March 14 (Bloomberg) -- Ghana’s cedi weakened to the lowest in more than six months as oil importers demanded dollars in West Africa’s second-biggest economy.
The currency of the world’s No. 2 cocoa producer depreciated 0.4 percent to 1.9325 per dollar by 3 p.m. in Accra, the capital, the lowest since Sept. 4 on a closing basis and a third day of declines, according to data compiled by Bloomberg.
“The oil sector was the main driver,” Sadiq Abubakar, a currency trader at International Commercial Bank in Accra, said by phone. Bulk oil importers who bring in the product to sell to marketing companies “bought the dollars to settle their bills,” he said.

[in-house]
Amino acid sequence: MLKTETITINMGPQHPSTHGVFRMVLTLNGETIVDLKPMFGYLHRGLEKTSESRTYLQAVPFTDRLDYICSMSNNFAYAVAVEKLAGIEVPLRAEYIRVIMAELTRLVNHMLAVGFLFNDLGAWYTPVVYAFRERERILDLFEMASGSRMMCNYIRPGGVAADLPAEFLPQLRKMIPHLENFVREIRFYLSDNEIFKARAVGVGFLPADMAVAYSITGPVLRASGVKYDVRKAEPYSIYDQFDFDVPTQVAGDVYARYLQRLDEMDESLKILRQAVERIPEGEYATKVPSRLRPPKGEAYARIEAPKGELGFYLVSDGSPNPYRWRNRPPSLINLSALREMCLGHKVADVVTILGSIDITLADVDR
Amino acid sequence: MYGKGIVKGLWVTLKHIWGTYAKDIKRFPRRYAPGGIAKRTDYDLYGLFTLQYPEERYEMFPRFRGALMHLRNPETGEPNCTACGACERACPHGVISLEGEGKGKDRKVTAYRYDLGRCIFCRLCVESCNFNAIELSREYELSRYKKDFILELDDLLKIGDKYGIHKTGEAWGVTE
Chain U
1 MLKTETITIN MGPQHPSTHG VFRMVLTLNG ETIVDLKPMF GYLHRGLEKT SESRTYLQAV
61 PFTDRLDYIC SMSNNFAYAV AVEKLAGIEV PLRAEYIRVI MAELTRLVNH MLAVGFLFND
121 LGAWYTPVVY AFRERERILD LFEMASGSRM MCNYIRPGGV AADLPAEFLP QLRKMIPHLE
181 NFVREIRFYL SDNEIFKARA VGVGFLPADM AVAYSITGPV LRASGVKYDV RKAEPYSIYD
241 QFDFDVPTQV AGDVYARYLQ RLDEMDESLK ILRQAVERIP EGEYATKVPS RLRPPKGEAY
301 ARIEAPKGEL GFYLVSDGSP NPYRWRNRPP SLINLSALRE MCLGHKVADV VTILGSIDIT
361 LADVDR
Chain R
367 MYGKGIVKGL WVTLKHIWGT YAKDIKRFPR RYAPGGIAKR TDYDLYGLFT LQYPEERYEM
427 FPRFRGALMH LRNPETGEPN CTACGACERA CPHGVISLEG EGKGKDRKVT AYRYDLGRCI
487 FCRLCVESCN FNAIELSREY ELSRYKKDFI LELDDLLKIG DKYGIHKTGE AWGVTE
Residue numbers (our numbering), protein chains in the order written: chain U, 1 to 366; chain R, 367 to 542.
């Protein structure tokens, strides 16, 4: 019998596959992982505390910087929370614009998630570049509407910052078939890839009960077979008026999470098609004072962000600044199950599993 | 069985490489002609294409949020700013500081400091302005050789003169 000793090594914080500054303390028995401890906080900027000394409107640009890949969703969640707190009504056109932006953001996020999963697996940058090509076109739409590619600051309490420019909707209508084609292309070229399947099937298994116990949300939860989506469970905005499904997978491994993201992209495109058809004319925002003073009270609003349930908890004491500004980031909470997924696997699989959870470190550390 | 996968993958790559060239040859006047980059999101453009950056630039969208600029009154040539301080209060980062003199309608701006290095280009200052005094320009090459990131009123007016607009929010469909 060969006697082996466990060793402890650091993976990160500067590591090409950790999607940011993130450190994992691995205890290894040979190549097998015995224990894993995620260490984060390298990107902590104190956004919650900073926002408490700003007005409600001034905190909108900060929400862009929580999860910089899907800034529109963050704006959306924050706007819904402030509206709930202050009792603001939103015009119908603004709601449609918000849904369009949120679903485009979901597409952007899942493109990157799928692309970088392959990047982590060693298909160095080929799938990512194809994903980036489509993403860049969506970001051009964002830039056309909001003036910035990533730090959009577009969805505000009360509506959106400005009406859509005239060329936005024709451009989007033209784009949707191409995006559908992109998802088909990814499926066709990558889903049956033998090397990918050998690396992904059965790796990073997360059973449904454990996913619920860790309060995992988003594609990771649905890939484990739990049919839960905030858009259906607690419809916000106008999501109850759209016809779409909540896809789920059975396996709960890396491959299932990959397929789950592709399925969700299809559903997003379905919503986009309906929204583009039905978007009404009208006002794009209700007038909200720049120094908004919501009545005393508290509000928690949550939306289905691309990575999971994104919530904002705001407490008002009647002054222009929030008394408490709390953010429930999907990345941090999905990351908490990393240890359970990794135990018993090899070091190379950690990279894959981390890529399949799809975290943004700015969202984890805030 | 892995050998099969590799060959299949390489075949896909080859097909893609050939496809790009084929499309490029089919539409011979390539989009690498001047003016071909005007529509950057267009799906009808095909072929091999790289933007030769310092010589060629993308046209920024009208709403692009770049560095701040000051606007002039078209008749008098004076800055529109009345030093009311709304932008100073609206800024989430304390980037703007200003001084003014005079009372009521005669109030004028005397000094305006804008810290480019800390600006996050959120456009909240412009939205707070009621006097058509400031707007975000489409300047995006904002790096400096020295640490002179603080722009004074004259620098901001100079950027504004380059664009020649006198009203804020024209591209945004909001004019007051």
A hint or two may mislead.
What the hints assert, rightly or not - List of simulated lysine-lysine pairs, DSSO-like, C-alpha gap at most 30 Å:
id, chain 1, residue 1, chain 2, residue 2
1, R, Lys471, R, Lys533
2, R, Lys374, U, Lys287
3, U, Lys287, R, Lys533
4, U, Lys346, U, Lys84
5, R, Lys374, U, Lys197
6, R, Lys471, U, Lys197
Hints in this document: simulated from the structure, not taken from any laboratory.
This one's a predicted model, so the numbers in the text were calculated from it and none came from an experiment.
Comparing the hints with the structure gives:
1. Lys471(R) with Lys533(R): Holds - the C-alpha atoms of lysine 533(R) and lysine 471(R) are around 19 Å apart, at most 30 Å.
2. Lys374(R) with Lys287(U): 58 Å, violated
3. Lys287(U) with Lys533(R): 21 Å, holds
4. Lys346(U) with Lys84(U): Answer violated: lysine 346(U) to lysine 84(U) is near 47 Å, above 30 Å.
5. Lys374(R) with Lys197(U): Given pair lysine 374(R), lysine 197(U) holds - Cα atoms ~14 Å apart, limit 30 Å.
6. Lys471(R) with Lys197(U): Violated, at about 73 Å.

Bulk distribution companies have boosted imports since a shutdown in August of the Tema Oil Refinery Ltd., Ghana’s lone crude processor, said Steven Larbi, public relations and consumer-service manager with the National Petroleum Authority, the state agency that regulates the gasoline industry.
The state-owned refinery is carrying out test runs after it stopped production because of machinery problems and to carry out rehabilitation works, Managing Director Ato Ampiah said on March 11.
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